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In order to get over the sand-banks of the river more easily, he lightened the ship, in pursuance of his pilot's advice, by landing the guns, ammunition and all the war materiel he had on board. But when on the 11th, this operation completed, he wished to go up the James, the same pilots declared that, in consequence of a westerly wind, the tide was not sufficiently high to enable the Virginia to get over the banks. The vessel was disarmed; her hull, rising higher than the water-line and the iron covering, was no longer proof against Goldsborough's cannon-balls. The latter might arrive at any moment. Tatnall was perplexed; and without attempting to remedy the error of the previous day, he set fire to his ship. The James River was open. The Federal gunboats hastened to steam into it, and ascending the stream with speed appeared on the 15th within less than twelve kilometres of Richmond.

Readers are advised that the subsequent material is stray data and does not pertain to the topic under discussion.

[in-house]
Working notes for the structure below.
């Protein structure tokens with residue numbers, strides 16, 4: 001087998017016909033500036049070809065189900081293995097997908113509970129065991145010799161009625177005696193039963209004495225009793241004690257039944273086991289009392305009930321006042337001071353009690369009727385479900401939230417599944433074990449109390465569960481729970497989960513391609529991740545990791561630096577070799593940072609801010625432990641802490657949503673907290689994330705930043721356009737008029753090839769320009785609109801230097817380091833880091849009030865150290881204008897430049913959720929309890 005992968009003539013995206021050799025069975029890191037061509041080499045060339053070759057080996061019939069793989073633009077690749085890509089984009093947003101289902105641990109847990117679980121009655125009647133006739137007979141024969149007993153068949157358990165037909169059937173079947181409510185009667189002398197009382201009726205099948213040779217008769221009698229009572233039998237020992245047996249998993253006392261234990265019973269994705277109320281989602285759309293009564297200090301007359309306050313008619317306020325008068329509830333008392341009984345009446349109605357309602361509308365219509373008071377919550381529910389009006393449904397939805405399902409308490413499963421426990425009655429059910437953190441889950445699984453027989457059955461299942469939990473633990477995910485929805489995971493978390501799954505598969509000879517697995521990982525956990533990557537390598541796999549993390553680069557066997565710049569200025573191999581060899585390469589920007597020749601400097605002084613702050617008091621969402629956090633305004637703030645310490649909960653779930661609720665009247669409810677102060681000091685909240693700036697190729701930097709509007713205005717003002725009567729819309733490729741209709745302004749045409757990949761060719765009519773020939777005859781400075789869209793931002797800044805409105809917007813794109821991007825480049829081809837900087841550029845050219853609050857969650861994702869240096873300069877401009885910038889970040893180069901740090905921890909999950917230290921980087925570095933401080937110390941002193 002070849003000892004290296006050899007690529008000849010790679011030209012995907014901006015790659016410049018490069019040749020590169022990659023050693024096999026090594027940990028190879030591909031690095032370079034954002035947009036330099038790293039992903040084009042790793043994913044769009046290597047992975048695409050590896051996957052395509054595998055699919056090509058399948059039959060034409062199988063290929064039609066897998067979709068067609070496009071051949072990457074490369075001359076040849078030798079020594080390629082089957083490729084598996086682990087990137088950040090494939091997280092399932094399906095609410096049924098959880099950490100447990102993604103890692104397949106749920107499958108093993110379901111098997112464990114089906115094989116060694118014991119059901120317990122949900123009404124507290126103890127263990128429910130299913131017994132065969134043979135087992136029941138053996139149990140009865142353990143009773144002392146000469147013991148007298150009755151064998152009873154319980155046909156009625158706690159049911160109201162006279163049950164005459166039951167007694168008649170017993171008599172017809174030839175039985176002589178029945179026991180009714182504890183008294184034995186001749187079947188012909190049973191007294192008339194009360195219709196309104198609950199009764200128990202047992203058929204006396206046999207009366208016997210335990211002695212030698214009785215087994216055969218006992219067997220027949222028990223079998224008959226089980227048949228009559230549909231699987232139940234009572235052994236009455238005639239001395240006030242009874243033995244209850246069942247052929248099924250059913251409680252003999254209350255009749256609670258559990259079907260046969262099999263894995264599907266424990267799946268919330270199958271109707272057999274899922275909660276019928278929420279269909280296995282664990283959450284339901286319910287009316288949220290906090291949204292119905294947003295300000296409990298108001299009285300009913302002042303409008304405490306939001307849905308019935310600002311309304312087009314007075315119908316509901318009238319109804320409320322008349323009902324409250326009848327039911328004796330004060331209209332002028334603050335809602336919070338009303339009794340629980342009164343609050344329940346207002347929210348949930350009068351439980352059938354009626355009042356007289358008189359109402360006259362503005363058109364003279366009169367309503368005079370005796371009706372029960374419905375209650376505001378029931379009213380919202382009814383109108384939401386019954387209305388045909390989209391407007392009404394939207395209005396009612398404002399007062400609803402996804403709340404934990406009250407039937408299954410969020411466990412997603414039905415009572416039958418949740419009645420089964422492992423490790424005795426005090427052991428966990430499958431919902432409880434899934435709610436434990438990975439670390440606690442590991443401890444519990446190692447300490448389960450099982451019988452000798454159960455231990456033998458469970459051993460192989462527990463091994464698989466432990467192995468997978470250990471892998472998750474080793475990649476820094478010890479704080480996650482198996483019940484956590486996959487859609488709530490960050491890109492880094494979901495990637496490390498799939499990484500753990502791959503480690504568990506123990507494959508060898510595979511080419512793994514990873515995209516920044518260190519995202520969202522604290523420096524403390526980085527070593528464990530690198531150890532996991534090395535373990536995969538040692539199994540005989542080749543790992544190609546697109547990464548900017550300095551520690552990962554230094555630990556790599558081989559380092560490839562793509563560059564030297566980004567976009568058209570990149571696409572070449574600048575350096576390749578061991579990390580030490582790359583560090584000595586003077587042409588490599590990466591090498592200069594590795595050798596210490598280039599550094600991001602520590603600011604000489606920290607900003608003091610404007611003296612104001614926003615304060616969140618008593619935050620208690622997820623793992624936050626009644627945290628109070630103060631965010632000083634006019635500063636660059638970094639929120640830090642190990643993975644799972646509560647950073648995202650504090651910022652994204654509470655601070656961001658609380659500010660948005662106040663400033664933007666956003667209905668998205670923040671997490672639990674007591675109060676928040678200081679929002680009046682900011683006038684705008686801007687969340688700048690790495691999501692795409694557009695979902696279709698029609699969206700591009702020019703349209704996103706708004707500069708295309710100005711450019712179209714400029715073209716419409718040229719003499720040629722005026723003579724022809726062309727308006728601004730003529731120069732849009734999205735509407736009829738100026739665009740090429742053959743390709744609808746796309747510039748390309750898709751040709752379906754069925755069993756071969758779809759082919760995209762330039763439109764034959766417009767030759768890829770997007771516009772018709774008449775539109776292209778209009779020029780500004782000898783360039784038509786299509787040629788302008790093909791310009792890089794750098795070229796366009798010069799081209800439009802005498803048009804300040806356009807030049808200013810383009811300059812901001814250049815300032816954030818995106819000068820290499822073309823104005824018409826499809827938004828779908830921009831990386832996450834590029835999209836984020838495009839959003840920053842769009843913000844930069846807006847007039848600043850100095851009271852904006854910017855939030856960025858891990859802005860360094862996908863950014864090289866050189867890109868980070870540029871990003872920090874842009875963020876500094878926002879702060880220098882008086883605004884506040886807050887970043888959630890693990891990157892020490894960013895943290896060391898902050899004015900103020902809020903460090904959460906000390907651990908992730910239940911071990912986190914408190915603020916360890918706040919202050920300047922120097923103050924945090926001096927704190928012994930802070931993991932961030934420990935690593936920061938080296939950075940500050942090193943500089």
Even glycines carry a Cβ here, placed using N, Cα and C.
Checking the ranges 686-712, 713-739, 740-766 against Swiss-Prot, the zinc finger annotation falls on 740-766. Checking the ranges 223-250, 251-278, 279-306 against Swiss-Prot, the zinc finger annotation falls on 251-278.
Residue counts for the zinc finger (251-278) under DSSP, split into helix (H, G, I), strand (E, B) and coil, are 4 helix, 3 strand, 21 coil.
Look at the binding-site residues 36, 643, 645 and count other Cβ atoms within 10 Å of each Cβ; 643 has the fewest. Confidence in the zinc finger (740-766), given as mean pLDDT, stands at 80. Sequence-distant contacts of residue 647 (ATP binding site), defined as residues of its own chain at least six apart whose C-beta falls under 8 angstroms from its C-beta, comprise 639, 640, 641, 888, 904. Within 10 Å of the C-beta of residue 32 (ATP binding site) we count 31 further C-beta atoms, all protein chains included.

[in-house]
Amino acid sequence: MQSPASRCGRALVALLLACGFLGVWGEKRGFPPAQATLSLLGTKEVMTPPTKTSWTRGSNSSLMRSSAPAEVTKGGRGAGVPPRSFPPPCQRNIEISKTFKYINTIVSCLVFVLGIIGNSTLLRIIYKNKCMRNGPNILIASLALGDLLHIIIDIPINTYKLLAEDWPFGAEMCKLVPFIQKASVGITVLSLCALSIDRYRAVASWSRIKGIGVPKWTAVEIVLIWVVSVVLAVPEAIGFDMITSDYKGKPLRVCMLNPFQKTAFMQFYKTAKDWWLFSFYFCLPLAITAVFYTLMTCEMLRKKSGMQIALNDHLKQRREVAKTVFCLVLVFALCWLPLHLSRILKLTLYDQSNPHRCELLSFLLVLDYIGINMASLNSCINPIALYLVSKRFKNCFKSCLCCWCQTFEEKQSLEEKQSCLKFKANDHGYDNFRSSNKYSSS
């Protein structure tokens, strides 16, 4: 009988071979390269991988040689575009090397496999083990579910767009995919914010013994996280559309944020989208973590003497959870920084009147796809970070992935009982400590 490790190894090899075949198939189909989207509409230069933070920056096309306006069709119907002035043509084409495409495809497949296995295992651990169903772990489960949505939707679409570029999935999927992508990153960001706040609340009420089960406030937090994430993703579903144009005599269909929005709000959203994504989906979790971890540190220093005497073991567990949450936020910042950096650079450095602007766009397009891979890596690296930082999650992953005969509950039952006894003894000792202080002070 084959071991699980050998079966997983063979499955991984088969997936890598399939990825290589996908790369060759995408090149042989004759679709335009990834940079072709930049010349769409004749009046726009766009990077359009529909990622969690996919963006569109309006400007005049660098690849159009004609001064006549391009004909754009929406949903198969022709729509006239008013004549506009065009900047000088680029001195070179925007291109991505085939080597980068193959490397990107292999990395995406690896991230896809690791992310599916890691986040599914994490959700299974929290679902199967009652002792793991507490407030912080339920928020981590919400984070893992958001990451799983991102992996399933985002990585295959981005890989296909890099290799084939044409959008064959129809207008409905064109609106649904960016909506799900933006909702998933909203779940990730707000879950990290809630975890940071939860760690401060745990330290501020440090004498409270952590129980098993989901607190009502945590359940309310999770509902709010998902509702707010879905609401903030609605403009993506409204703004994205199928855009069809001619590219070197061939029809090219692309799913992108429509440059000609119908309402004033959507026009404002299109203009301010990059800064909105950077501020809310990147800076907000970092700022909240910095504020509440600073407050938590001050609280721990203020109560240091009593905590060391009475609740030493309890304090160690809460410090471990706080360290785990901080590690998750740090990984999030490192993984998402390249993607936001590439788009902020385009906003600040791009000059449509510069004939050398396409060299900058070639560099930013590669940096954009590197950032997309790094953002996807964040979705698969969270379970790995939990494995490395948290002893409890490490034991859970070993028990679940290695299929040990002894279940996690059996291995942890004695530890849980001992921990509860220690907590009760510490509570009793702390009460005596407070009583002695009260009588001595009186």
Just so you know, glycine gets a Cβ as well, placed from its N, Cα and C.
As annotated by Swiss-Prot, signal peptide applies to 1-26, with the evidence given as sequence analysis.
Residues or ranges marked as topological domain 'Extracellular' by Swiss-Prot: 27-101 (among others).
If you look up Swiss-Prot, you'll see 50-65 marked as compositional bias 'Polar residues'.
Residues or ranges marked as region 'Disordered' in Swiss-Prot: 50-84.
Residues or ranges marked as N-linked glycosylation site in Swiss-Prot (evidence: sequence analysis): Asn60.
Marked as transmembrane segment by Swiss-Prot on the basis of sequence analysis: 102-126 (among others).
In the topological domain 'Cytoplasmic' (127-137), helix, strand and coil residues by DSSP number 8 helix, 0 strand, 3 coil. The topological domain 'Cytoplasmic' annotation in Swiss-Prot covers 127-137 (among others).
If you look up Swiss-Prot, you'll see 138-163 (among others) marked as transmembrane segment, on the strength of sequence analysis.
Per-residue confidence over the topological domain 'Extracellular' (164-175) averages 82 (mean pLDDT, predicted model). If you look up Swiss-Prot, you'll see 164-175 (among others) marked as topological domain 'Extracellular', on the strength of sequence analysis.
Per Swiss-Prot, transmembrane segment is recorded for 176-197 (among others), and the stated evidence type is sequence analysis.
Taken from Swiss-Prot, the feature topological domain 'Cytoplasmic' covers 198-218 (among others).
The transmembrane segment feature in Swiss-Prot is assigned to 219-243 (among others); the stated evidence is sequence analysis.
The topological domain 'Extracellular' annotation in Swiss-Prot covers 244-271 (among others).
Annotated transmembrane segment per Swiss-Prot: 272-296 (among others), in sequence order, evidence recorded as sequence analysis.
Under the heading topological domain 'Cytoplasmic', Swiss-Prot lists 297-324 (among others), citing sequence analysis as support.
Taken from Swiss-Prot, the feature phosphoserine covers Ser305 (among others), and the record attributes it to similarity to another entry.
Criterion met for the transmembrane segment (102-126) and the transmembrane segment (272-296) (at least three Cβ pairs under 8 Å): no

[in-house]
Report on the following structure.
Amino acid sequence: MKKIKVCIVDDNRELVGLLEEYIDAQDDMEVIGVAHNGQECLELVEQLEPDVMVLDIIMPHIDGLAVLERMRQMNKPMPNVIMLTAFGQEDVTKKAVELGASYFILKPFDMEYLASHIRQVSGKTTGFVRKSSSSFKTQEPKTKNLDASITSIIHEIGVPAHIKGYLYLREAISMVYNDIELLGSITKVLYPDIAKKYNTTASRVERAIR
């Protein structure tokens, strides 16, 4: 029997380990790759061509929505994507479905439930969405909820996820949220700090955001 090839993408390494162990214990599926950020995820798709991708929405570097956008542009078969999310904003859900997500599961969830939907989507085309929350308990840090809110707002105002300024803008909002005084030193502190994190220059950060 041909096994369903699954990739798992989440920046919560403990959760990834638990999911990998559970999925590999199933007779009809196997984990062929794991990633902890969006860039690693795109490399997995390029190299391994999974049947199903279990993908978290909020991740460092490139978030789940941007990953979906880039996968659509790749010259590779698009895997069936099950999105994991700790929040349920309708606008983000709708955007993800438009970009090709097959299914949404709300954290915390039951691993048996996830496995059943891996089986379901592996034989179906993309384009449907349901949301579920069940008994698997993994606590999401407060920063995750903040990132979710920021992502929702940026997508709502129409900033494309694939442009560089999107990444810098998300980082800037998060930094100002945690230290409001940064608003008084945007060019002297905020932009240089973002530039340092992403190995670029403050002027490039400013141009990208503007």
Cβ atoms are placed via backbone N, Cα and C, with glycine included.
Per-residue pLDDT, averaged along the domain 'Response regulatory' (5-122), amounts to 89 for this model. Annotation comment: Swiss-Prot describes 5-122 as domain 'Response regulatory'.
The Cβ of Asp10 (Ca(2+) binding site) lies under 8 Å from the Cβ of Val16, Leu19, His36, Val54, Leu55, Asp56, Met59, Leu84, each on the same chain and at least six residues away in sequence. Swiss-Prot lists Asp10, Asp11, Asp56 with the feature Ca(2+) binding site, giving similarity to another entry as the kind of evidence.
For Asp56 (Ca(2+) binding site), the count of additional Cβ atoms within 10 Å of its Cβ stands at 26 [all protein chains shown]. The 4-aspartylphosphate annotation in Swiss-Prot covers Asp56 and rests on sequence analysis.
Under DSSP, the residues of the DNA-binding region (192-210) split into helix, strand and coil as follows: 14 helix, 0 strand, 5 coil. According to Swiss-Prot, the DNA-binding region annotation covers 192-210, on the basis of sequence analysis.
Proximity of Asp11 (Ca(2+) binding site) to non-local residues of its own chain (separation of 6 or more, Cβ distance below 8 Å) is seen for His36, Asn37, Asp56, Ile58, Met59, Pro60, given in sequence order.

There was great excitement in the Confederate capital. The excessive confidence inspired by the success of the Virginia two months before caused her loss to be severely felt. There were cries of treason. People expected every moment to see the broadside of the little Monitor bear upon the edifice where the delegates of all the Southern States were in session. The rich were preparing for flight and the poor for plunder. Courage and determination were displayed side by side with the most abject fears. The cannon spoke out at last, and the whole day was spent in listening to its solemn voice from a distance. It ceased to speak; evening came, and the gunboats did not make their appearance. Richmond was saved. The Federal flotilla had encountered a large battery known as Fort Darling, perched upon the summit of a steep acclivity called Drury's Bluff. A stockade rendered it impossible to pass this battery rapidly, which was manned with cannon of heavy calibre, while an angle in the river prevented the vessels from perceiving it afar off. On the 15th of May the Monitor, accompanied by the Galena, a lightly-sheathed gunboat of which we have already spoken, and two wooden vessels, made an unsuccessful attack upon Fort Darling. The Monitor could not give sufficient elevation to her guns to reach the heights occupied by the enemy, and the two wooden vessels had not the requisite strength to sustain the conflict. The Galena,

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